Gorgas took Wellcome on long canoe trips through the mosquito-infested Panama swamps to show him the challenges his staff faced. Wellcome was impressed by his strategies to destroy mosquito breeding grounds, as a result of which cases of malaria and yellow fever in the Canal Zone were a fraction of what they had been five years previously.

He reported back to the US government that Gorgas’ work "reflects great credit and honor on American medical and sanitary science,” and as a result funding for sanitation in the area was increased.

Despite its success on a professional level, this expedition wrecked Wellcome’s already strained marriage. After an argument, Syrie left Panama with a friend, and she and Wellcome never saw one another again.

Bureau of Scientific Research

In 1912 Wellcome handed the running of the Tropical Research Laboratories in Khartoum over to the Sudanese government. Their Director, Andrew Balfour, whose health had suffered in the harsh African climate, returned to London to direct the newly founded Wellcome Bureau of Scientific Research.

Right: The Wellcome Bureau of Scientific Research was established in 1913, and located at 10 Henrietta Street (now Place), London W1. In 1932 the Bureau moved headquarters to the newly established Wellcome Research Institution at 183 Euston Road.

The Bureau was Wellcome’s attempt to bring the different activities of the Wellcome Physiological, Chemical and Tropical Research Laboratories together in one organisation, 12 years before he created the Wellcome Foundation Ltd.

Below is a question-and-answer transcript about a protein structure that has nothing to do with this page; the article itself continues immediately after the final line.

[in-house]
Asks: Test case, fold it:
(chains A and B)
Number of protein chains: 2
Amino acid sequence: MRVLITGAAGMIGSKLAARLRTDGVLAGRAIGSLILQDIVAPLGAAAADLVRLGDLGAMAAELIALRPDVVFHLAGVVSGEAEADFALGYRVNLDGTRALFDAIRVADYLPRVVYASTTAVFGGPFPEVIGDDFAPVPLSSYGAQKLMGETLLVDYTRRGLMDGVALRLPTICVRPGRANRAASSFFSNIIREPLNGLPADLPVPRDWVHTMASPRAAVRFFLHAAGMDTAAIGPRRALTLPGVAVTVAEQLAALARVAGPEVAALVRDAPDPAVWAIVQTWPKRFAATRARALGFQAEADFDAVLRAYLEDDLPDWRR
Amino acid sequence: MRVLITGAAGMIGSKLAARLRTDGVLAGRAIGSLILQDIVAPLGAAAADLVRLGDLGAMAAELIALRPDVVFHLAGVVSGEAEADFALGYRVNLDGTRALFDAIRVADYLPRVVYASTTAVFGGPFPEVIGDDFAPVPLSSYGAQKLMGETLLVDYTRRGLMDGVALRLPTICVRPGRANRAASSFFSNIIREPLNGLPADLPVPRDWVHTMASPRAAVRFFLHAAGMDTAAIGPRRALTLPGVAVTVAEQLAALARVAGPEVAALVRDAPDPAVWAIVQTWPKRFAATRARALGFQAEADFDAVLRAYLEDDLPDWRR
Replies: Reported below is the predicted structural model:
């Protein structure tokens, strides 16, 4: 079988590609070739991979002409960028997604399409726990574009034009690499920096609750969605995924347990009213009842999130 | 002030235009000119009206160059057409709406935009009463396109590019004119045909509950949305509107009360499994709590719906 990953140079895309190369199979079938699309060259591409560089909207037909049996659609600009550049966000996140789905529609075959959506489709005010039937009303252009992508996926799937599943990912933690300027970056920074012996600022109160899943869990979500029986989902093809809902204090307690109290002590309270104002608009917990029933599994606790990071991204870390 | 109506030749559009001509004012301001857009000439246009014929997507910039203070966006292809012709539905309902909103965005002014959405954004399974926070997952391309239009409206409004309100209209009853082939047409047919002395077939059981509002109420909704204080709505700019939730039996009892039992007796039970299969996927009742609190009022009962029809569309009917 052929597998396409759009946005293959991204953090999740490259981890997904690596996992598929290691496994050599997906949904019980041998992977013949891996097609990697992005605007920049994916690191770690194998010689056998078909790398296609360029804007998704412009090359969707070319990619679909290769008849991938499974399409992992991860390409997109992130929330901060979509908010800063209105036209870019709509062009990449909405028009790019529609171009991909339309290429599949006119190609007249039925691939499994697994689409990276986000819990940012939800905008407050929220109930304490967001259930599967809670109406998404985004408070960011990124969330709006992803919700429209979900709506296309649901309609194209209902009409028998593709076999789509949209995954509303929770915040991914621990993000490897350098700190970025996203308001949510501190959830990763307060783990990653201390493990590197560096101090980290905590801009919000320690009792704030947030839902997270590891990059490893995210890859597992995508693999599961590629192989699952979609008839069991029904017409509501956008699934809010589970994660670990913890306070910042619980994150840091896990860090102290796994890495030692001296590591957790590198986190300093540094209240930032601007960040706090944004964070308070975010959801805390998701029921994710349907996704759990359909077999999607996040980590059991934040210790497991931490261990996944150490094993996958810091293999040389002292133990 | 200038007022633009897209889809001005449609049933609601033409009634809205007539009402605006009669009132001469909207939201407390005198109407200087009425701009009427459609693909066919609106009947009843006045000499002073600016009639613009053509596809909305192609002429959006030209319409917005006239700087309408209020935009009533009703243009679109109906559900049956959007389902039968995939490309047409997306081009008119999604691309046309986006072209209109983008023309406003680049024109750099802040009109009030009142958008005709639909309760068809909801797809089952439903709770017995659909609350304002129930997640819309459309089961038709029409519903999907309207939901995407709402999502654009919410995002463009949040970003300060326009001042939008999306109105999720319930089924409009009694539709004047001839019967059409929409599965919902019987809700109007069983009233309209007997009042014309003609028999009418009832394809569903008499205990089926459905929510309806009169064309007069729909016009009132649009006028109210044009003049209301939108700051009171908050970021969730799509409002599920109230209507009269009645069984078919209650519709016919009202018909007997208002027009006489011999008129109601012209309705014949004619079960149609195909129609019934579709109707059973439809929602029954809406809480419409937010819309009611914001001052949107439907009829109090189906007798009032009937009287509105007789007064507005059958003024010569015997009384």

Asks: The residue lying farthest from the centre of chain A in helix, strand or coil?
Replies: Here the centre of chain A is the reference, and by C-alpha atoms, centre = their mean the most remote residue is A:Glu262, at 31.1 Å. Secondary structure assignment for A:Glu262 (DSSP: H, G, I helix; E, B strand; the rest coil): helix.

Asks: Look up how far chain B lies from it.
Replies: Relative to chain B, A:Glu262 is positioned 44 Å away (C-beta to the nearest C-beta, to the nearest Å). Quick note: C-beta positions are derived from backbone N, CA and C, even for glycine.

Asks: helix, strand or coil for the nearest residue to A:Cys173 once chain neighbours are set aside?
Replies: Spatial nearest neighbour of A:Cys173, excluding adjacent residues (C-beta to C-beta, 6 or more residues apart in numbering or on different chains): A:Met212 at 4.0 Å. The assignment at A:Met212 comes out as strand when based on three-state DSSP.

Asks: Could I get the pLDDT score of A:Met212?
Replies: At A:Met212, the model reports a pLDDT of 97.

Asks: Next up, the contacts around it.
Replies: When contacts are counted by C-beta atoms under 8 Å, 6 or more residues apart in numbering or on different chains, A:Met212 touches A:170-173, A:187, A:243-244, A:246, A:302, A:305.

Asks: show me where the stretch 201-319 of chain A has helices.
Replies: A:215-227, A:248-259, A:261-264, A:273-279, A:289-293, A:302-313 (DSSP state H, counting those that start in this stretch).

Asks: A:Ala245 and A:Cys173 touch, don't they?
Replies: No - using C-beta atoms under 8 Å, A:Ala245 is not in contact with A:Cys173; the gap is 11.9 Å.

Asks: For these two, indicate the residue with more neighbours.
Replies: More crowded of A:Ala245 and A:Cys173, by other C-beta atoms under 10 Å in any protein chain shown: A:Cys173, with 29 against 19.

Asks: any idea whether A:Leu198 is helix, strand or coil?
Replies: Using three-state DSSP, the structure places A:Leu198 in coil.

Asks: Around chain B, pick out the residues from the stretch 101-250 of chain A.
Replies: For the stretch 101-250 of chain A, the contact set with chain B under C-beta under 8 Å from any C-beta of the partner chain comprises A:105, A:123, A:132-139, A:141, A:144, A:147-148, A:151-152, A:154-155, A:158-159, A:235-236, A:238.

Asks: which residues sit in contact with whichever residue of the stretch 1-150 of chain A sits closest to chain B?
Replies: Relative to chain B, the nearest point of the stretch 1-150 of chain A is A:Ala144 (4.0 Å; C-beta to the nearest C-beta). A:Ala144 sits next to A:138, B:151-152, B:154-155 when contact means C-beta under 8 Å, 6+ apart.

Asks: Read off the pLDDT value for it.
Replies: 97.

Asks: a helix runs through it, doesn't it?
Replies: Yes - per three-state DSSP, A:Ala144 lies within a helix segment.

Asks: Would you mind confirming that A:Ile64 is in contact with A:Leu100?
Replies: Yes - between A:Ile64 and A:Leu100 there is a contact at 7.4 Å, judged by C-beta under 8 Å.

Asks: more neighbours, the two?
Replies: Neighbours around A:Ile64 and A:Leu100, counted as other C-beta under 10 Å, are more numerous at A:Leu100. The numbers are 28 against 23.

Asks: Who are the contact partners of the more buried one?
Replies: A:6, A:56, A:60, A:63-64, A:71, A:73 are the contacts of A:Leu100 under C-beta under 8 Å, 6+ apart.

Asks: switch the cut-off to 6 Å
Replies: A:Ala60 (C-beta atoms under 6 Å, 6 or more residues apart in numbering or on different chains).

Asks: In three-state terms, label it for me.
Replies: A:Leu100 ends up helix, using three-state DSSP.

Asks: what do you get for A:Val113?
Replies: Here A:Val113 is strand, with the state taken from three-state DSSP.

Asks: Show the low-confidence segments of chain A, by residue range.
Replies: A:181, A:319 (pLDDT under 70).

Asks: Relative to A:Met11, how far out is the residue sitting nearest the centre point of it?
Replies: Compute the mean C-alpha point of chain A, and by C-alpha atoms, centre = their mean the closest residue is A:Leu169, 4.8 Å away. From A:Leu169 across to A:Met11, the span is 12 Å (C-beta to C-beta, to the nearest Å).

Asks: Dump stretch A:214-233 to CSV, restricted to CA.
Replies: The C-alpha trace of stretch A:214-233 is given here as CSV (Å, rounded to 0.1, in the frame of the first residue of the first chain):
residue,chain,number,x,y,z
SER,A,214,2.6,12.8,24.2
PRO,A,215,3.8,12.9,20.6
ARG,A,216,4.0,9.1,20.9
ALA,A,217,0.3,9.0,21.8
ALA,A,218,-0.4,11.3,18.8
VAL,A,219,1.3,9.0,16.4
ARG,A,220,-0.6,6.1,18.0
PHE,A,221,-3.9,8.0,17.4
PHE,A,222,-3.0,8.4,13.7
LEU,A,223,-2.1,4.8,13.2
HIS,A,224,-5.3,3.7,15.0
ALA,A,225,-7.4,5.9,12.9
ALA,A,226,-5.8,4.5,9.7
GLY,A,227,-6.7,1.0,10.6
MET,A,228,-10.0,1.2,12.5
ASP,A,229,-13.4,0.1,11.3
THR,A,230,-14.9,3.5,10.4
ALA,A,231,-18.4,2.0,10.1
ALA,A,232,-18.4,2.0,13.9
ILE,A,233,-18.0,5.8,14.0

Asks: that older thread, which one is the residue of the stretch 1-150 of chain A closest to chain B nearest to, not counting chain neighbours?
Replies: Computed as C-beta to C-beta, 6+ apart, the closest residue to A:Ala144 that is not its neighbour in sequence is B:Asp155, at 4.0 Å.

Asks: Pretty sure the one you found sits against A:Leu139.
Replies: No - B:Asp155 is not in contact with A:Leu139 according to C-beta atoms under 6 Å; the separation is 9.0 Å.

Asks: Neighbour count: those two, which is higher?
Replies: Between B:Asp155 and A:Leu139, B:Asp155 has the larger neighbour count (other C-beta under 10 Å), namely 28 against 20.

He intended the Bureau to oversee the running of his Chemical and Physiological Research Laboratories - as well as carrying out its own research specifically into tropical medicine - and he made Balfour Director-in-Chief of all his laboratories. The decision offended Henry Dale and Frederick Power, who were Directors of the Physiological and Chemical Research Laboratories respectively at the time, and they both resigned shortly afterwards - a great loss to Wellcome and his laboratories.

As a teaching resource to support the tropical medicine research at the Bureau, Balfour began to create a museum of specimens, images, artefacts and other material illustrating or related to exotic diseases called the Wellcome Museum of Tropical Medicine and Hygiene (it was renamed the Wellcome Museum of Medical Science in 1923).

The collection eventually developed into a programme of distance learning for use in low- and middle-income countries. The renamed Tropical Medicine Resource (later PG-International Health) produced CD-ROMs focusing on tropical diseases such as malaria, leishmaniasis, leprosy and tuberculosis as teaching aids for medical workers in over a hundred countries.

A number of important studies into tropical diseases were carried out at the Bureau of Scientific Research, including studies of sleeping sickness and the development of an effective vaccine against yellow fever.

The Bureau was eventually integrated with the Physiological and Chemical Laboratories under the joint umbrella of the Wellcome Research Laboratories. These moved to Beckenham, Kent, after World War II, becoming the research and development arm of Wellcome plc after the 1986 sale share.

Today the Wellcome Trust continues to fund research into diseases affecting low- and middle-income countries - in particular malaria and HIV - supporting world-class research centres in South Africa, Kenya, Malawi, Vietnam and Thailand.

Staff at the Wellcome Tropical Research Laboratory, Khartoum. Wellcome is in the centre of the picture (with his white pith helmet on his lap). Andrew Balfour is seated on Wellcome’s right hand side. c.1910.